Of the various countries I prefer Scotland as the land is so wild and the two main cities are pretty impressive. I find Northern Ireland is a forgotten gem, while Eire (despite bungalow blite) has the most customer focused tourist trade and hence a well developed and enveloping customer service ethic.
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Old Oct 31st, 2012, 04:03 AM
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Thank you ALL for such wonderful comments!! I have learned a lot! bilboburgler....what is "bungalow blite"? Never heard the term!! And all of you please know...I would LOVE to have ALL of you in Vermont, USA! LOVE the accents and the history!
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Old Oct 31st, 2012, 04:22 AM
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The Irish decided to do away with a fair bit of planning law in the early 60s. Given the historic skills in building the guys went crazy and built loads of bungalows in all directions. It lead to the term "bungalow blight"
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Old Oct 31st, 2012, 04:41 AM
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Makes sense...thank you!!!!!
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Old Oct 31st, 2012, 07:35 AM
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Americans have a habit of saying they're Irish or they're Italian when they really mean they're of Irish or Italian descent. It's a form of speech that bugs pedantic me. If some one says you must meet so-and-so, he's Finnish, I get excited, a real Finn here in the US, it'll be nice to hear his views on this country. Then it turns out this Finn was born and raised in St. Paul, Minnesota.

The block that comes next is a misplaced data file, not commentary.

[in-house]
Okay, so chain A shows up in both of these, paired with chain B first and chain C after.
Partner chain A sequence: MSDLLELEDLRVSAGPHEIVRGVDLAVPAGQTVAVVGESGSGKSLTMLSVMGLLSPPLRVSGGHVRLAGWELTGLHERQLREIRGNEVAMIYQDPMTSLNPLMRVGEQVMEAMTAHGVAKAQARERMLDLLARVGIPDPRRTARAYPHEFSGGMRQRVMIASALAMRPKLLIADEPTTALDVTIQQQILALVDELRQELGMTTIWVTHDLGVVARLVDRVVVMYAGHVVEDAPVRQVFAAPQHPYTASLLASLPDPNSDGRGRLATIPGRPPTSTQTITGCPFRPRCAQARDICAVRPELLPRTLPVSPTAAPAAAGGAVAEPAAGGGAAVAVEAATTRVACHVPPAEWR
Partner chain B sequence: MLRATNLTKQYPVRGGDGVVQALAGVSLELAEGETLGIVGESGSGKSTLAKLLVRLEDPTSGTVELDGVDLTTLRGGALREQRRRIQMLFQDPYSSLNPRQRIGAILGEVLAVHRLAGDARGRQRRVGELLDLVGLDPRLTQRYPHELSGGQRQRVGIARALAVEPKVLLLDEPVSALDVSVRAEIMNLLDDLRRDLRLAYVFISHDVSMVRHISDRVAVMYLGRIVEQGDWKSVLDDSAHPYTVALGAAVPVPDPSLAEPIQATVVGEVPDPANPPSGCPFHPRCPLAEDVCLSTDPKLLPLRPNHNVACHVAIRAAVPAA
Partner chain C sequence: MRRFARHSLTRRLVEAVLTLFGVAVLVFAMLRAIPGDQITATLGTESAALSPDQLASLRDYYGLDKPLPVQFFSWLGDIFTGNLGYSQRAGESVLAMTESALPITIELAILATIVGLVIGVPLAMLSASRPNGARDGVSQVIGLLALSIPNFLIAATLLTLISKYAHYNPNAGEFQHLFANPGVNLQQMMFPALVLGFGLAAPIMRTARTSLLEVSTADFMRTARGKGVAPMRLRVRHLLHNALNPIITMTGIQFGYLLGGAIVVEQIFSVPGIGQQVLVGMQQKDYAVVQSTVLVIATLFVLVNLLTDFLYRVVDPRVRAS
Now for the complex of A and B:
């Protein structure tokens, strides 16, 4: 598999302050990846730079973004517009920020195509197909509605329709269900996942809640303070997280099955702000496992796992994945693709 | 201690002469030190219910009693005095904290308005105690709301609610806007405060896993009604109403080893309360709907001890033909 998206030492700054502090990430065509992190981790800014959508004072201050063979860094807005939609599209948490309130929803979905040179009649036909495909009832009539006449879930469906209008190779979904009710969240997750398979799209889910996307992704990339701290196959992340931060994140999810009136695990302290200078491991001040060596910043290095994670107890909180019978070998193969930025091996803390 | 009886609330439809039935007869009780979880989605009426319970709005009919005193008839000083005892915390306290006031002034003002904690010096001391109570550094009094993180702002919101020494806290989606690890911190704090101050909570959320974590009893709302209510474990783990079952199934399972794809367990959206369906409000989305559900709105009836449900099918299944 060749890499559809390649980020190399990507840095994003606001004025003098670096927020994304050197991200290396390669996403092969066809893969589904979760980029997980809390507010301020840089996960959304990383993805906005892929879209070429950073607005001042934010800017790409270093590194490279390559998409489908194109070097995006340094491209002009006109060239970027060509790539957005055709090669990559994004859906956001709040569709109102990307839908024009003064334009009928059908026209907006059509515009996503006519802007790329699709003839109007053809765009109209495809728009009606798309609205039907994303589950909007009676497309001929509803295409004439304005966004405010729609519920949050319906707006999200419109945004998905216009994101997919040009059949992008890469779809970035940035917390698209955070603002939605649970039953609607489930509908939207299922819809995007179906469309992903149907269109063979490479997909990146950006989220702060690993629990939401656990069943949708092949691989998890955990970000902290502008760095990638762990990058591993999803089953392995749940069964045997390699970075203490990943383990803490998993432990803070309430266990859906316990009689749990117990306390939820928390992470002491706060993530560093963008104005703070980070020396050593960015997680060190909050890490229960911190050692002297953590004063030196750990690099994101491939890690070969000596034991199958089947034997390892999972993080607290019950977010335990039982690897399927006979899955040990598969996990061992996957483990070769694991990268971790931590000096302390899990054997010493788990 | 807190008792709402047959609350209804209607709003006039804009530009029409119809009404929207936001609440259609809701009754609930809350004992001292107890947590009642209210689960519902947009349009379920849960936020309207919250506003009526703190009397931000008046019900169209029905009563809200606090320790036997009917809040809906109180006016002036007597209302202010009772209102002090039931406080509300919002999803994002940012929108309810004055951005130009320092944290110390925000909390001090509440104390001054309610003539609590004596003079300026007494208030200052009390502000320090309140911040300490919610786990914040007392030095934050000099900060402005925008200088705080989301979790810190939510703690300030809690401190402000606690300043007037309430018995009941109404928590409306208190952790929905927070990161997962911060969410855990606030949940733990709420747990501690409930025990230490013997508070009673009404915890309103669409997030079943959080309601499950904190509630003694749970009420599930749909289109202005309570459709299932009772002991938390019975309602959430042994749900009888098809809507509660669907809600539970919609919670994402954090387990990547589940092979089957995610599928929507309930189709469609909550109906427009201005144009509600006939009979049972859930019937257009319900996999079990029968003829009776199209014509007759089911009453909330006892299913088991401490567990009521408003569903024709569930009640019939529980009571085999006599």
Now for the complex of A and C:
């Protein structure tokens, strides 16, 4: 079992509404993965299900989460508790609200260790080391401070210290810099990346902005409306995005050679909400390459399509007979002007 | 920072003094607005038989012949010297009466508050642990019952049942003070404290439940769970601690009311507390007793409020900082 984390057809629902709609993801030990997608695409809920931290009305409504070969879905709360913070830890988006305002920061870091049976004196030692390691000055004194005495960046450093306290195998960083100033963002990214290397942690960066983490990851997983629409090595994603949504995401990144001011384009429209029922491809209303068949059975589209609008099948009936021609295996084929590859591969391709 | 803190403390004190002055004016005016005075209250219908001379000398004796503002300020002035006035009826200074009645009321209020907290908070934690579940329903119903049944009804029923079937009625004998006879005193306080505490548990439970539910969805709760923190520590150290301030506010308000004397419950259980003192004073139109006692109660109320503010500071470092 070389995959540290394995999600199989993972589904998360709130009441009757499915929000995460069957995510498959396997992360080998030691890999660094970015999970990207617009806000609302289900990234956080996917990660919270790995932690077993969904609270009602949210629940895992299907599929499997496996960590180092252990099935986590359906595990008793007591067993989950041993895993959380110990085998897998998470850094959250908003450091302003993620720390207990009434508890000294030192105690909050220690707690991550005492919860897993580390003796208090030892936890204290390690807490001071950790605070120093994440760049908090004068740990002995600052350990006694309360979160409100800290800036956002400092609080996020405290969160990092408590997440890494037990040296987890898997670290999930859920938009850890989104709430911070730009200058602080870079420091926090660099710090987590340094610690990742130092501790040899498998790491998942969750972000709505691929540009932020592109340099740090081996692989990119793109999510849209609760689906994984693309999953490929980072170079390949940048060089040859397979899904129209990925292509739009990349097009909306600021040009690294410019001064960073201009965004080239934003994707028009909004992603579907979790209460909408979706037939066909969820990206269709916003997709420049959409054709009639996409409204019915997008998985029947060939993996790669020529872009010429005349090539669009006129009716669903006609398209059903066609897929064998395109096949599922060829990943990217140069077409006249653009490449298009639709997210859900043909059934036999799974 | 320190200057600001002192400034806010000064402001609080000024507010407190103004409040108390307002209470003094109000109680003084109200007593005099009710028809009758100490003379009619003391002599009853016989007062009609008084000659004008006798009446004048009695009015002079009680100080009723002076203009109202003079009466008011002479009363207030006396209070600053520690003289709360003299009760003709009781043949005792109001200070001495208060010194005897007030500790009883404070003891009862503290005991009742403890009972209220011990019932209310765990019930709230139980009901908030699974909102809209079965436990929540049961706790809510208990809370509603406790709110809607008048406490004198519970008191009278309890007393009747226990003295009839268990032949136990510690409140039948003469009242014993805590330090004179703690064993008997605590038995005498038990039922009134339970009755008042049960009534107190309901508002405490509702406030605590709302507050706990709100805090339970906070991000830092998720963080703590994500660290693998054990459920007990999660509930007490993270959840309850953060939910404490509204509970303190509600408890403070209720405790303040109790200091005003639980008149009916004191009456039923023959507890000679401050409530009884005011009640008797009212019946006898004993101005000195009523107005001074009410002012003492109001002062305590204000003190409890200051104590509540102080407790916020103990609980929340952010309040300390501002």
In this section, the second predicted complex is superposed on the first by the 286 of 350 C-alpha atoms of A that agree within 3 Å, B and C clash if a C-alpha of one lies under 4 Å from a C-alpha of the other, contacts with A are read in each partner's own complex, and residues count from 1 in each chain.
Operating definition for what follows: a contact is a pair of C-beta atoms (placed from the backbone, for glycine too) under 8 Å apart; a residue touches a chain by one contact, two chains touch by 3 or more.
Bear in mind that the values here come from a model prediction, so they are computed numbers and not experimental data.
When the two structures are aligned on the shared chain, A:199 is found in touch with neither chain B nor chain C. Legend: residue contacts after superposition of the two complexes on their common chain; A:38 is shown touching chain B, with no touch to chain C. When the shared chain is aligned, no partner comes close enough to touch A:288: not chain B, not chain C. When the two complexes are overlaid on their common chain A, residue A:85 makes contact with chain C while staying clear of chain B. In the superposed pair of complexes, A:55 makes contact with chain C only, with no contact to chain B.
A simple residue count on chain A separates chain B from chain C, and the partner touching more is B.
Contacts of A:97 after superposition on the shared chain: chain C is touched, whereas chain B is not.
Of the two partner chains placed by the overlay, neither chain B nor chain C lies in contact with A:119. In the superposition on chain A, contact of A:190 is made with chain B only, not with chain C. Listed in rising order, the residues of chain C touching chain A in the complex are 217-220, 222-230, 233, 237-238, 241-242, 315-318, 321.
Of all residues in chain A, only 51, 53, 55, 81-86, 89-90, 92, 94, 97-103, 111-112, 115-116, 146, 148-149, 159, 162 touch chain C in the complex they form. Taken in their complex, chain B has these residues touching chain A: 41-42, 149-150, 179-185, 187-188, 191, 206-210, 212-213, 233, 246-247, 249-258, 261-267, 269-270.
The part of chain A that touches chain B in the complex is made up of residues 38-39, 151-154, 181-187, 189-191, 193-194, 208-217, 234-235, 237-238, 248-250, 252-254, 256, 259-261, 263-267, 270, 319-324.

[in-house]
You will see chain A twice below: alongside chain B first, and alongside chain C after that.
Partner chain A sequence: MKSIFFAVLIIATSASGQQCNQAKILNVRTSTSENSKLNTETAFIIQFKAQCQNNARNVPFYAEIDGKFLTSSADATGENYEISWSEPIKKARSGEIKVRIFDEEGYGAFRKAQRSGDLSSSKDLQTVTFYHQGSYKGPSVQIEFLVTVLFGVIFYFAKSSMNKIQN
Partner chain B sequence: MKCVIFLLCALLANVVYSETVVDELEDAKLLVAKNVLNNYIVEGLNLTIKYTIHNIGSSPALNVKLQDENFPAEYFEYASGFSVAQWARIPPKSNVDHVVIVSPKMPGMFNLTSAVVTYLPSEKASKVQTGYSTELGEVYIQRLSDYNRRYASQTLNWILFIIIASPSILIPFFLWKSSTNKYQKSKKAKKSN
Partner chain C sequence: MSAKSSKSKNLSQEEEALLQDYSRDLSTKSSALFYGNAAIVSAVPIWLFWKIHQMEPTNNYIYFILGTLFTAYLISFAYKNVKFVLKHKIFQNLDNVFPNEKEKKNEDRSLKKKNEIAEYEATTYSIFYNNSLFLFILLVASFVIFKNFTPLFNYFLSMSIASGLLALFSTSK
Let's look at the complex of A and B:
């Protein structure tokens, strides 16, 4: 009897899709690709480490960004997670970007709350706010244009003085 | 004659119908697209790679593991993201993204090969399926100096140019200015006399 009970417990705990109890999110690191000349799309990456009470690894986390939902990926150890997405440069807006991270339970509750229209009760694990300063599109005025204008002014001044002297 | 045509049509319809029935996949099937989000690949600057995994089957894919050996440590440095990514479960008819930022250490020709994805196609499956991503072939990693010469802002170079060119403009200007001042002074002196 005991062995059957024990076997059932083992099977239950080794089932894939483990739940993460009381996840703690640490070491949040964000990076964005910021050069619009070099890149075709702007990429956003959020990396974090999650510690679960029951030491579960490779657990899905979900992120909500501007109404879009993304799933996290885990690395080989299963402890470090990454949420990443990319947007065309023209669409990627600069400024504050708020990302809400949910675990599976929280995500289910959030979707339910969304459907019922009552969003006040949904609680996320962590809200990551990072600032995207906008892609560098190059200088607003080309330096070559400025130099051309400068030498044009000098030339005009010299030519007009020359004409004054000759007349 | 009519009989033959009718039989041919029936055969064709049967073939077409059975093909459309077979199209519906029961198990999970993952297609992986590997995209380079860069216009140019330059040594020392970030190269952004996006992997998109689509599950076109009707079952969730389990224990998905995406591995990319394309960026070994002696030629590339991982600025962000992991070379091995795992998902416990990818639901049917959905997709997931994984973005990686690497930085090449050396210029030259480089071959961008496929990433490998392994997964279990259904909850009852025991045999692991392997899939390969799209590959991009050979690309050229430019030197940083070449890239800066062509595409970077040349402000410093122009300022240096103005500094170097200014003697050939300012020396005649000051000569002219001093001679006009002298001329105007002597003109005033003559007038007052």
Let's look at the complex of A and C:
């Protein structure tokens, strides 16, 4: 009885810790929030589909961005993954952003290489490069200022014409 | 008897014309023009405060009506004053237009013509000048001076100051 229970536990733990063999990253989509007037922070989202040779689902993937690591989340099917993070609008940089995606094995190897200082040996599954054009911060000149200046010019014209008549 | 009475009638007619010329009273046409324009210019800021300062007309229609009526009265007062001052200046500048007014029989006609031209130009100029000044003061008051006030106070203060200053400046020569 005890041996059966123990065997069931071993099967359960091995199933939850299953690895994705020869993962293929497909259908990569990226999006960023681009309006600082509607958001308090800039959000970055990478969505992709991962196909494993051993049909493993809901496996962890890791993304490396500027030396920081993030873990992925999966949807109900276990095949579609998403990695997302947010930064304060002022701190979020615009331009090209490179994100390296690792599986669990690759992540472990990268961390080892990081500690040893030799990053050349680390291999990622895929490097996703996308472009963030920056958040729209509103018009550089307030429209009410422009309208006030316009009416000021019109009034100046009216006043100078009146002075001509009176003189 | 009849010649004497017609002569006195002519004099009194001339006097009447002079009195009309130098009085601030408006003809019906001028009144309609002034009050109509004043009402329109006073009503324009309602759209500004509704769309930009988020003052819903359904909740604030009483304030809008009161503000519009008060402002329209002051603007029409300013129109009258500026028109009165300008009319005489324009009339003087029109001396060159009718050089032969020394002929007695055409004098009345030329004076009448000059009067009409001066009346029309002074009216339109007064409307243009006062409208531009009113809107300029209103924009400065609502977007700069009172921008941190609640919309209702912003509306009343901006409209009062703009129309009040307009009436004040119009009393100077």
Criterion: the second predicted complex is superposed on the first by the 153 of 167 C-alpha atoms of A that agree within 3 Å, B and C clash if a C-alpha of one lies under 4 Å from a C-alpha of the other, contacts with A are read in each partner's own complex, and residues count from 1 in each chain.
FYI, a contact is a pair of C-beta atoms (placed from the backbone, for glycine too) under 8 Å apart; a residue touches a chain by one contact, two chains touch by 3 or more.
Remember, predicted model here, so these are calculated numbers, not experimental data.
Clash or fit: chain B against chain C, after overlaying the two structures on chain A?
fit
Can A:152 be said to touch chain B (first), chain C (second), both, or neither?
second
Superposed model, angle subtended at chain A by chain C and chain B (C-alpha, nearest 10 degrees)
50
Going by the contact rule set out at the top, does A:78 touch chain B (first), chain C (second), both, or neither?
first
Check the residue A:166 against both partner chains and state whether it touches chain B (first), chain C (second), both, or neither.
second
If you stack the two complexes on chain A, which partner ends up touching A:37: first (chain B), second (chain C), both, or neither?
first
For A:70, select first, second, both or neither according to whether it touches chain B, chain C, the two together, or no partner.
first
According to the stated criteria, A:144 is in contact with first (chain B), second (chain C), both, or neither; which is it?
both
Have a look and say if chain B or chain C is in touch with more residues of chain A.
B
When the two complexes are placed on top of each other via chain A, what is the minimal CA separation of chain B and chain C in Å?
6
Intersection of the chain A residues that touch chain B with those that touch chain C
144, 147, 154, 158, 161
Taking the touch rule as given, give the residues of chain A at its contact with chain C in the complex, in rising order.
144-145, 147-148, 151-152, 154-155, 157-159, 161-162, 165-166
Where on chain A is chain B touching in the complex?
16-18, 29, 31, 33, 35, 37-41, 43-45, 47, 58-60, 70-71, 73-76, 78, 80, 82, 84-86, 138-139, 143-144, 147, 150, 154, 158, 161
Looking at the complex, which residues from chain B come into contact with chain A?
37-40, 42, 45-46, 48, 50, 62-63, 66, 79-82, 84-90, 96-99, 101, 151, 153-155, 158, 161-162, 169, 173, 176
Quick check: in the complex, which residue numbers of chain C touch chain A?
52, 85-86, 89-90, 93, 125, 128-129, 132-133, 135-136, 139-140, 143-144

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Old Oct 31st, 2012, 11:50 AM
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Look: if you think "crack" is a drug or a feature of either a sidewalk, ceiling or wall, then you're not Irish enough to walk into a pub in Dublin and say "I'm IRISH!" (google "craic"). But considering how many Irish have visited the US and how many Irish left Ireland for the US years ago, you're not going to offend by saying "we're Irish too on my __ther's side."
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Old Oct 31st, 2012, 12:31 PM
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OK -
I'm confused. You're sayig you want to rent a cottage in Scotland or Ireland for 3 weeks - then that you want to see both countries plus London. Would you be going to London before Scotland or Ireland - or after?

And you're going to have to choose either Ireland OR Scotland - or else do differnt cottage for a week at a time.

Can you clarify the timetable/plan better? Will you be traveling by car or train or plane from place to place?

And I think what you might have misinterpreted is someone saying that it's not a great idea to proclaim how Irish you are in certain parts of the UK - due to the late troubles. (And although americans often identify themselves as Irish-americans or German-americans or whatever - to locals the only Irish are the ones living there now - not based on where great grandparents came from. Although I agree that we often identify ourselves as this - I'm 50% german-american and 25% each irish- and czech-american - but it's all really immaterial - except for roots to explore when you go to the "old country".)
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Old Nov 7th, 2012, 10:35 PM
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Thank you guys

Looks like I better forget to see these 3 places in my first visit to UK next July. I only have 15 days in UK. 2 days each to and from Aussieland.
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Old Nov 8th, 2012, 04:02 AM
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>>And I think what you might have misinterpreted is someone saying that it's not a great idea to proclaim how Irish you are in certain parts of the UK - due to the late troubles.
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Old Nov 8th, 2012, 07:46 AM
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>

There's a yes and no to this. Plenty of English think the Irish are poorer relations (check out flanneruk's postings on this site for examples) and the views may vary by generation but generally the UK is a melting pot; especially London and there are ton(ne)s of Irish there.